Radioactive Fallout Survivor Continues to Speak Out

The Daily Yomiuri (Toyko, Japan), February 27, 2014 | Go to article overview

Radioactive Fallout Survivor Continues to Speak Out


Saturday marks 60 years since the crew of the Fukuryu Maru No. 5, a tuna boat from Yaizu, Shizuoka Prefecture, was exposed to radioactive fallout from a U.S. hydrogen bomb test on Bikini Atoll near the Marshall Islands in the central Pacific Ocean on March 1, 1954. Matashichi Oishi is one of the former crew members of the boat who continues to speak publicly about his experience, hoping that the horror of the incident, which happened while memories of the Hiroshima and Nagasaki bombings were still fresh, will not be repeated.

In late January, Oishi, now 80 years old, was invited to talk at a private middle school in Chiyoda Ward, Tokyo. He walked up to a podium, supporting himself with a cane, and started talking about his experiences to an audience of about 170 second-year girls.

He spoke gently, but his stern words carried a sense of gravity and urgency. "Mankind knows the terror of nuclear [weapons], but cannot give them up. Even now there are people who are struggling with radiation damage," he said.

Crew members of the Fukuryu Maru No. 5 were exposed to the fallout on March 1, 1954, from one of the 67 atomic and hydrogen bomb tests carried out by the United States from 1946 to 1958 in the central Pacific.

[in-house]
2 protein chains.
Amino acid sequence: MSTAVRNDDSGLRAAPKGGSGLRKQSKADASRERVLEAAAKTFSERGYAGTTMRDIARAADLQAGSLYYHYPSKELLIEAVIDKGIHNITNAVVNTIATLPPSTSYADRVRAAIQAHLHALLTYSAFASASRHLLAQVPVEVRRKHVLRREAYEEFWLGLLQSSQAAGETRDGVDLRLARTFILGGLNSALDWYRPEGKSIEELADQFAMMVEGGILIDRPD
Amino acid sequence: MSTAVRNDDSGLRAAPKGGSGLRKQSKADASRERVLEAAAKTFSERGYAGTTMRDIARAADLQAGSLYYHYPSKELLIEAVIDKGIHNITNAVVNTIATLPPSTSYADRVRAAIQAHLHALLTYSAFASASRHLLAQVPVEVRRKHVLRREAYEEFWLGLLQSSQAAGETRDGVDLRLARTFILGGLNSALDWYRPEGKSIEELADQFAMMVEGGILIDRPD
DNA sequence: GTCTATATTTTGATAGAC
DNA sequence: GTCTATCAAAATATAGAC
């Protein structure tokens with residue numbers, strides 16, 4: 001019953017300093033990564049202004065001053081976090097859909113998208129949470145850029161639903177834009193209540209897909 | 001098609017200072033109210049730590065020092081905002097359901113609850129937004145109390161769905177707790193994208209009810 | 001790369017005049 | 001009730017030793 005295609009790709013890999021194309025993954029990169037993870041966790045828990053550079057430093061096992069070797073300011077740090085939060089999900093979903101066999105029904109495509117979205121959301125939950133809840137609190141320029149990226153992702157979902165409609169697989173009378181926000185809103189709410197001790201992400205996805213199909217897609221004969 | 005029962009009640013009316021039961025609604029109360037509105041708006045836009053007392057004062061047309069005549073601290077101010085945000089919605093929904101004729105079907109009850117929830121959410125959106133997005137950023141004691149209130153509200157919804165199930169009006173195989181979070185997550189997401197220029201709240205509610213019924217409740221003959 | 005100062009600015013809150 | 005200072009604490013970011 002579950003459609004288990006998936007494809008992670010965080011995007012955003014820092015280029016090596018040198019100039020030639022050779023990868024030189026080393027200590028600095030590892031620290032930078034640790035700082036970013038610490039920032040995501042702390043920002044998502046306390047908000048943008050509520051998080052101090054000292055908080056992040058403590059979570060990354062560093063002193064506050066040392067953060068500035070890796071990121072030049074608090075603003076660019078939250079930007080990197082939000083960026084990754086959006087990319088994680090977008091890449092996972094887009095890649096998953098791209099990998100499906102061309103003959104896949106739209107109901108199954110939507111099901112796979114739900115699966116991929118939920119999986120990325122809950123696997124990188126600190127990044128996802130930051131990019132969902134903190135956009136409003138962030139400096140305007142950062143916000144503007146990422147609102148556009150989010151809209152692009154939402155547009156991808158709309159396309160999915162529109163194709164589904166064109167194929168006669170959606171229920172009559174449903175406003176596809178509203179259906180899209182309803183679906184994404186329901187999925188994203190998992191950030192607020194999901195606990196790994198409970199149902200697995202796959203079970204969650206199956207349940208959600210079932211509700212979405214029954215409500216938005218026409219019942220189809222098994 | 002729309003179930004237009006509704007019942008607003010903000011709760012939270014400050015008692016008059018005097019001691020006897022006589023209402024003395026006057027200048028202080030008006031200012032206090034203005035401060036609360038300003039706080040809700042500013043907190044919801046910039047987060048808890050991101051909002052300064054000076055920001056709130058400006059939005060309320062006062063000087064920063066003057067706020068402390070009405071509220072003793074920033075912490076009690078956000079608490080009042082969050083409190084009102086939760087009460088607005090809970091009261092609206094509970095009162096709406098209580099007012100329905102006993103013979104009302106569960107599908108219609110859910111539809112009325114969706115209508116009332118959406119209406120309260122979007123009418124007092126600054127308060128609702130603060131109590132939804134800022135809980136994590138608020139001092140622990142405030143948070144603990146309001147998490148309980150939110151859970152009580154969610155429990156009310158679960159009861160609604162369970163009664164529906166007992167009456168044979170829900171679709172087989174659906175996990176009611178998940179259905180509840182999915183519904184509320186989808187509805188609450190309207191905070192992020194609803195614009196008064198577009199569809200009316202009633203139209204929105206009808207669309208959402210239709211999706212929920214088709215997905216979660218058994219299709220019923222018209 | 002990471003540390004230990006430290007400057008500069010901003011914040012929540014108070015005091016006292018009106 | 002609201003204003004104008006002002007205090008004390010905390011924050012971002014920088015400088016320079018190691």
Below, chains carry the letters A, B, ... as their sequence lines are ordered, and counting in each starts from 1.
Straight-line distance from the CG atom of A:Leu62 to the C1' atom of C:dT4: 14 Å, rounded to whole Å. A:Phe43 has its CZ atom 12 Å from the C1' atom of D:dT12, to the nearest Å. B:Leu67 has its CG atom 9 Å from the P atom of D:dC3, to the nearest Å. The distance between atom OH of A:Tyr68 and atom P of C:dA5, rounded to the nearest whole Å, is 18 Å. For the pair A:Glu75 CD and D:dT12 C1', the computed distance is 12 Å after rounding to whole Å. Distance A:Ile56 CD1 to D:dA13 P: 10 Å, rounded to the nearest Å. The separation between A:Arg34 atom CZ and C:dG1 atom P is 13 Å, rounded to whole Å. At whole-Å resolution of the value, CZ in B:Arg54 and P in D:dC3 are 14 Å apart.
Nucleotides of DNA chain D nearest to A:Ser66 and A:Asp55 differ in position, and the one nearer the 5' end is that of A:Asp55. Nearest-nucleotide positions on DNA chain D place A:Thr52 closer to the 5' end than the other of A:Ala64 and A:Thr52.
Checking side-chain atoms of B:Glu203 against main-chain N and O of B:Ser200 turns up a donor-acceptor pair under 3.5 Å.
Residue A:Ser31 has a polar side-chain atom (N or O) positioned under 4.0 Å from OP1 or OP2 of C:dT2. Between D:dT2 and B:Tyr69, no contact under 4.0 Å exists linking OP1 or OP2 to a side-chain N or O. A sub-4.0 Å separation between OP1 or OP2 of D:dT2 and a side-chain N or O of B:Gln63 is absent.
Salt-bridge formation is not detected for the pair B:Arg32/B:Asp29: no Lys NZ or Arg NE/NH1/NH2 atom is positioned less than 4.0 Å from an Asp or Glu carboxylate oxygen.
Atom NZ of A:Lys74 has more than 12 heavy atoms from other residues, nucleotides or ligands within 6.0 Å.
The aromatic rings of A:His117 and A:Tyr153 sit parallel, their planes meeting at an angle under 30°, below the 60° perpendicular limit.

The tests exposed residents of nearby islands as well as fishermen on about 1,000 boats that were operating in the vicinity of the blasts to levels of radiation that proved deadly in some cases.

The Fukuryu Maru, which literally means "lucky dragon," was exposed to the fallout from a hydrogen bomb code-named "Bravo" that was about 1,000 times more powerful than the type dropped on Hiroshima.

The ship was taken out of service and sat abandoned for a time, now preserved in the metropolitan Daigo Fukuryu Maru Exhibition Hall in Koto Ward, Tokyo, which opened in June 1976.

Of the 23 Fukuryu Maru crew who were exposed to the "ashes of death," seven are alive today, and only three talk about their experience publicly.

Oishi says he continues with his lectures to "resolve the regret of my fellows who died without speaking out about the things they wanted to."

He has given more than 700 talks over about 30 years, and continues to do so despite having collapsed due to a brain hemorrhage two years ago that left the right side of his body disabled. …

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